(and my adaptation of it) Where the elasticity is a problem is the fact that when a spherical triangle is flattened from its outer edges inward, its internal altitude becomes shorter than its outer sides. (On an octahedral sphere, altitude and sides are all equal, each of them being 1/4 of a meridian, or equator. On a CahillKeyes map, the equator and outer meridians are true to scale, but the altitude meridian has the most compression.) Therefore, if the flattriangle internal altitude is to scale with its corresponding globe, then all the outer sides are too large. Or, if the outer sides of the triangle are to the same scale as that globe (in the Fuller and CahillKeyes transformations), then the inner meridians and parallels are progressively too short. One way to see the internal shrinkage is to notice that on the original 1943 cubooctahedron, the Equator is the diagonal of the four squares, which should equal 40,000 km. However, doing some simple calculator math for a hypotenuse length shows that the 1943 Dymaxion map Equator is only 37,715.4 km, or a 5.7% dimunition: thus Edge length of square, as stated by Fuller: 3,600 nautical milesAlternately, one can simply measure the square facets as printed in the Life centerspread: Square edge, 156 mm; its km length, 6667.2; ÷ 156 = 1/42,700,000 as already derived for principal scale of that cubooctahedron. * (Oops: in the Life Magazine cutout print, the Scale legend on the map [Argentina triangle: see Part 2, Fig. 2.18] says that the "diagonals of squares are 5400 nautical miles, 1/4 of a Great Circle, 90 degrees". Not quite! Of course, Fuller can state the diagonals to be 5,400 nautical miles instead of 5,091; but then the outer edges would be correspondingly larger, and therefore not a true Dymaxion map with edges in scale to a globe. Indeed, the 4 nonpolar diagonals on the 1943 Dymaxion map do track the Equator, and represent its 14,400 nautical miles — but not at the same scale as the facet edges!) Therefore, one cannot ascertain the principal scale of a 1943 Dymaxion along the Equator. As with the 1954 icosahedron, scale must be measured on the outer edge of the facets. (The cubooctahedron has the same length for triangles or squares). Perhaps at this point I should state a principle: when I say "principal scale" regarding a map such as Fuller's Dymaxion, or the CahillKeyes adaptation of it, then I am referring to the declared true scale of the outer edges of a facet. We disregard the progressively smaller scales toward the interior of each facet, in favor of taking the map as a whole in relation to its cognate globe. An alternate nomenclature might be "globalcognate scale".The principle is that the edge scale matches the cognate globe. This makes it the principal (and largest) among various scales to be found in a Dymaxion (or CahillKeyes) polyhedral map. Either spelling of the word is correct.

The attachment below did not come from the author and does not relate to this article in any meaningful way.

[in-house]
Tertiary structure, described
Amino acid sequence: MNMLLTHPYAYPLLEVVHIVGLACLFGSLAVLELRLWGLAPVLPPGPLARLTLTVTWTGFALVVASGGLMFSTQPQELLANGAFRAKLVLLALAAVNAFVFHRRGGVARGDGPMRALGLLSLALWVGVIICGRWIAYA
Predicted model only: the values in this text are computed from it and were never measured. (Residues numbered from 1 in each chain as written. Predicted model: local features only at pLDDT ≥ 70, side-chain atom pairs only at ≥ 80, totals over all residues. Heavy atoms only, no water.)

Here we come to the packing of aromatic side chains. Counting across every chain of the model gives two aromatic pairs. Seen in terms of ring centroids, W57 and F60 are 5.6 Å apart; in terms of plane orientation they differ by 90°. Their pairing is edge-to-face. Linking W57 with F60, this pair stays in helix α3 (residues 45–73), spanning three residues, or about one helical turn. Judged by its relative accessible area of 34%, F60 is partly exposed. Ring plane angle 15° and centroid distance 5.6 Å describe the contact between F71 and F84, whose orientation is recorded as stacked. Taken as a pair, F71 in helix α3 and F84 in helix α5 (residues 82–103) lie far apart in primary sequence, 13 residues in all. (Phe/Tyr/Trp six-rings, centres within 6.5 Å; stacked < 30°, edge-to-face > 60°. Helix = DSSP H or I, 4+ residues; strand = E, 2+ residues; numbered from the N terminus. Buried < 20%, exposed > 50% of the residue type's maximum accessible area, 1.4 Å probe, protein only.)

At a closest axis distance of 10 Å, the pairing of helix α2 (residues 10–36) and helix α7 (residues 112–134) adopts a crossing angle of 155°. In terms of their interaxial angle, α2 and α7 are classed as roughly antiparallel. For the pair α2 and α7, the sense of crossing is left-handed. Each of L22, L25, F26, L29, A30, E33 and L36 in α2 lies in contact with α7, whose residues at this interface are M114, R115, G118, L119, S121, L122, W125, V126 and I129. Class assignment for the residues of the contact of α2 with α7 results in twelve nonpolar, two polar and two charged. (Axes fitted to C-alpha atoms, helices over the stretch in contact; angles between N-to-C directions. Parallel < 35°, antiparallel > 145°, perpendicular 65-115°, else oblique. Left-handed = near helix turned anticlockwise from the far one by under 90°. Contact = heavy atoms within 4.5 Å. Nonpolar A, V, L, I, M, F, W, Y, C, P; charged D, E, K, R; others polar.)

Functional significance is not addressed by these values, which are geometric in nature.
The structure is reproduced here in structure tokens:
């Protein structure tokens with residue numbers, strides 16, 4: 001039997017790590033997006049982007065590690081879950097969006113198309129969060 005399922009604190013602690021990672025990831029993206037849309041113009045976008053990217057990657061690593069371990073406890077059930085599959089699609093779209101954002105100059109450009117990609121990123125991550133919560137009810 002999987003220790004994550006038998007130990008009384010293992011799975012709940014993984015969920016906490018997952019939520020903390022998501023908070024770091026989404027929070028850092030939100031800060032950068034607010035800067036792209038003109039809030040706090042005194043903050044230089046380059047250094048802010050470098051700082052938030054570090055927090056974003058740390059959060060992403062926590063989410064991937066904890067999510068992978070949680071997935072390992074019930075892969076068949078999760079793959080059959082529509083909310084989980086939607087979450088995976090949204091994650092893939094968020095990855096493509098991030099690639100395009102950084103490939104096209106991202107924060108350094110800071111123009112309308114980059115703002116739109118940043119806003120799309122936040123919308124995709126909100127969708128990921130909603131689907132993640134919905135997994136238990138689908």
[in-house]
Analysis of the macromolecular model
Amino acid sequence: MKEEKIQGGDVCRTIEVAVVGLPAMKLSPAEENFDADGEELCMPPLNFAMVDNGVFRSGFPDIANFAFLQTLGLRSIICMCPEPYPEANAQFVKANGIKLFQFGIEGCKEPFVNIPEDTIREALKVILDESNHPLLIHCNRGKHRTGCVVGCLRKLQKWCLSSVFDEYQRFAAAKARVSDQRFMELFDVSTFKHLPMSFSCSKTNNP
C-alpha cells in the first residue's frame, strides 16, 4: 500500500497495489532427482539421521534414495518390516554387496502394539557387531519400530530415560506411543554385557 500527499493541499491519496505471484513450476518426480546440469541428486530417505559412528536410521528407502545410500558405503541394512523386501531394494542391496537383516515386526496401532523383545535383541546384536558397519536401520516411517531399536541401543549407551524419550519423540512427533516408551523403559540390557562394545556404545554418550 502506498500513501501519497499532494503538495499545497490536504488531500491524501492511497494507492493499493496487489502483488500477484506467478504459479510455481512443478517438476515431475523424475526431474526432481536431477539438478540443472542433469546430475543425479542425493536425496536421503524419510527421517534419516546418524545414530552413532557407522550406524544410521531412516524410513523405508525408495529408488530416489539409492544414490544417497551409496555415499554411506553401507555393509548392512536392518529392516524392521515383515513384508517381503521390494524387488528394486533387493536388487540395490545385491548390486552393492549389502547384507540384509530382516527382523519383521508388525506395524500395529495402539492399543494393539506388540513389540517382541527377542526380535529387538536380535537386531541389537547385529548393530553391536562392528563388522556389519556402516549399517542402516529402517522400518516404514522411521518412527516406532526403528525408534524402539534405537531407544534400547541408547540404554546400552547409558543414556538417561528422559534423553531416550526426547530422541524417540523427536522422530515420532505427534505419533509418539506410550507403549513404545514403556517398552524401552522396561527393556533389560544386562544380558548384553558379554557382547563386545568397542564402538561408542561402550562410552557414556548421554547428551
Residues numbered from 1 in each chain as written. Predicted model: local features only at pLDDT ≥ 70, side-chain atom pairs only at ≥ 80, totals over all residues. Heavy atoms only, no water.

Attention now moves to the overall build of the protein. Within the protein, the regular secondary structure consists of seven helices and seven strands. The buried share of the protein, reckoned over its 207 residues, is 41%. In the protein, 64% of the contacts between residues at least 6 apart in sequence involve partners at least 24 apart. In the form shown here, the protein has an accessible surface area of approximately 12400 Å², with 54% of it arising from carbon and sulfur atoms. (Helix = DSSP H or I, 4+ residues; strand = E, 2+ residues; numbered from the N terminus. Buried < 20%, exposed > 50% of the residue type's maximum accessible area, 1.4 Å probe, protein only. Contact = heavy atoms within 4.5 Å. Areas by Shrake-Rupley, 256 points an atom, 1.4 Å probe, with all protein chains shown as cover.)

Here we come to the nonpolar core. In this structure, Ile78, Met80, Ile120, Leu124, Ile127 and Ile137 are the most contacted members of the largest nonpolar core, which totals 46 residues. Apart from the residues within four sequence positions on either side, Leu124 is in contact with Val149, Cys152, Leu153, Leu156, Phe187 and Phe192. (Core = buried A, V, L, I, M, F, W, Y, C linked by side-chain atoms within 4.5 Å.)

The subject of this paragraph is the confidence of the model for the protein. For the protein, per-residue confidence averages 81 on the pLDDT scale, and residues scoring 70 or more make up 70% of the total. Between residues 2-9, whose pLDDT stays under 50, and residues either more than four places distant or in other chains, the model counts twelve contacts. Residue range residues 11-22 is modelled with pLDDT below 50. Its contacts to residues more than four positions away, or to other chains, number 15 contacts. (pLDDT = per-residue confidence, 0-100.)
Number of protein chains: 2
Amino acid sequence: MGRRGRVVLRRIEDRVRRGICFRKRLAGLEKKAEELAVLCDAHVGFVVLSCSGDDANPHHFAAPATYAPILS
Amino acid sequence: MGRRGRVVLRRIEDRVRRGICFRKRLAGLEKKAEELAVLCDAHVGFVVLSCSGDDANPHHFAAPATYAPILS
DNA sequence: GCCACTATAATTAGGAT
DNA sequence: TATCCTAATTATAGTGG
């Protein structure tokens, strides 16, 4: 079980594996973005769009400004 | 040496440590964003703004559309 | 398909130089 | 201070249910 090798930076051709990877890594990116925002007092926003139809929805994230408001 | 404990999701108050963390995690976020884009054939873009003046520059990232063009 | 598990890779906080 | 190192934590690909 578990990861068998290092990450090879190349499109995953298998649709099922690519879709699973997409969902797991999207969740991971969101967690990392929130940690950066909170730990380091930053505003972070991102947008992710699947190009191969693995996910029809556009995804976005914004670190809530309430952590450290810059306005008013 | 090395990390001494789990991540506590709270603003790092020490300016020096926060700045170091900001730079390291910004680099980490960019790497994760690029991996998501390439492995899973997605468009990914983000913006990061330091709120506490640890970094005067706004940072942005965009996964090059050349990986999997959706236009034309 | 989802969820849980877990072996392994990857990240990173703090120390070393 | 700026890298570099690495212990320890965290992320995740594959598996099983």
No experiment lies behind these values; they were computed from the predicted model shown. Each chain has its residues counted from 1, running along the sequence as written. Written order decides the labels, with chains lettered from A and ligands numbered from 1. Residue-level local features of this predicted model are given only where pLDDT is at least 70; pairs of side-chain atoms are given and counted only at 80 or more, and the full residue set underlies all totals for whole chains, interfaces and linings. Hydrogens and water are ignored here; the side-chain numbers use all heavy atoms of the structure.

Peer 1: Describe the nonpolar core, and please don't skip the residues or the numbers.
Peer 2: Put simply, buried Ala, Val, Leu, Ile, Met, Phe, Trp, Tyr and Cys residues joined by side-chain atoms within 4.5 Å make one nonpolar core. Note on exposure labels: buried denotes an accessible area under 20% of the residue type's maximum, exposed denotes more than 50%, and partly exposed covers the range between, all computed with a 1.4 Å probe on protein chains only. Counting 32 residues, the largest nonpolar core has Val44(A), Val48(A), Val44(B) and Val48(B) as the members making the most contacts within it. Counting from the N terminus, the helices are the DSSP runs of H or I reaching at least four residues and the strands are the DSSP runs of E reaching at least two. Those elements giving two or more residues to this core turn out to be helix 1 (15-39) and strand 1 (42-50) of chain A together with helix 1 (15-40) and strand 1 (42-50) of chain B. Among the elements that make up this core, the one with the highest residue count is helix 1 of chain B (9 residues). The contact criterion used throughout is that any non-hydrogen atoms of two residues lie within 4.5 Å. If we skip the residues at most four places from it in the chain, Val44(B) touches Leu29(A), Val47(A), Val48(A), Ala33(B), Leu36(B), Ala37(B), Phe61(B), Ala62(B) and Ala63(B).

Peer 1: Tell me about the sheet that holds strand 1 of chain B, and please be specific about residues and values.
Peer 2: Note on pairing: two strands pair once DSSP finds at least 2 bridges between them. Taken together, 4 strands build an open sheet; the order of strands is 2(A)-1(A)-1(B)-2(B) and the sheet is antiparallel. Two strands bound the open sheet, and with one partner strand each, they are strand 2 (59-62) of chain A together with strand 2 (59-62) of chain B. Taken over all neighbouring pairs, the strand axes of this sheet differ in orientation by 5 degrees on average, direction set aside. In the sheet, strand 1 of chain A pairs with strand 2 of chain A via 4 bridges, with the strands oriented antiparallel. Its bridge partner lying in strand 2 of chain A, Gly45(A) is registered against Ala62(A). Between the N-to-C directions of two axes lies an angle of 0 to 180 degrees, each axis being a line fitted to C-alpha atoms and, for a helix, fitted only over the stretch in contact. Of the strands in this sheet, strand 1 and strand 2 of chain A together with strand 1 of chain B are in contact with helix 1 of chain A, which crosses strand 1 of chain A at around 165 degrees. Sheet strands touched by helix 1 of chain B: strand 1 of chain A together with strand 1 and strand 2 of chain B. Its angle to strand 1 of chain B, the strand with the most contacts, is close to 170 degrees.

Fig. 8.1 below: A similar disparity can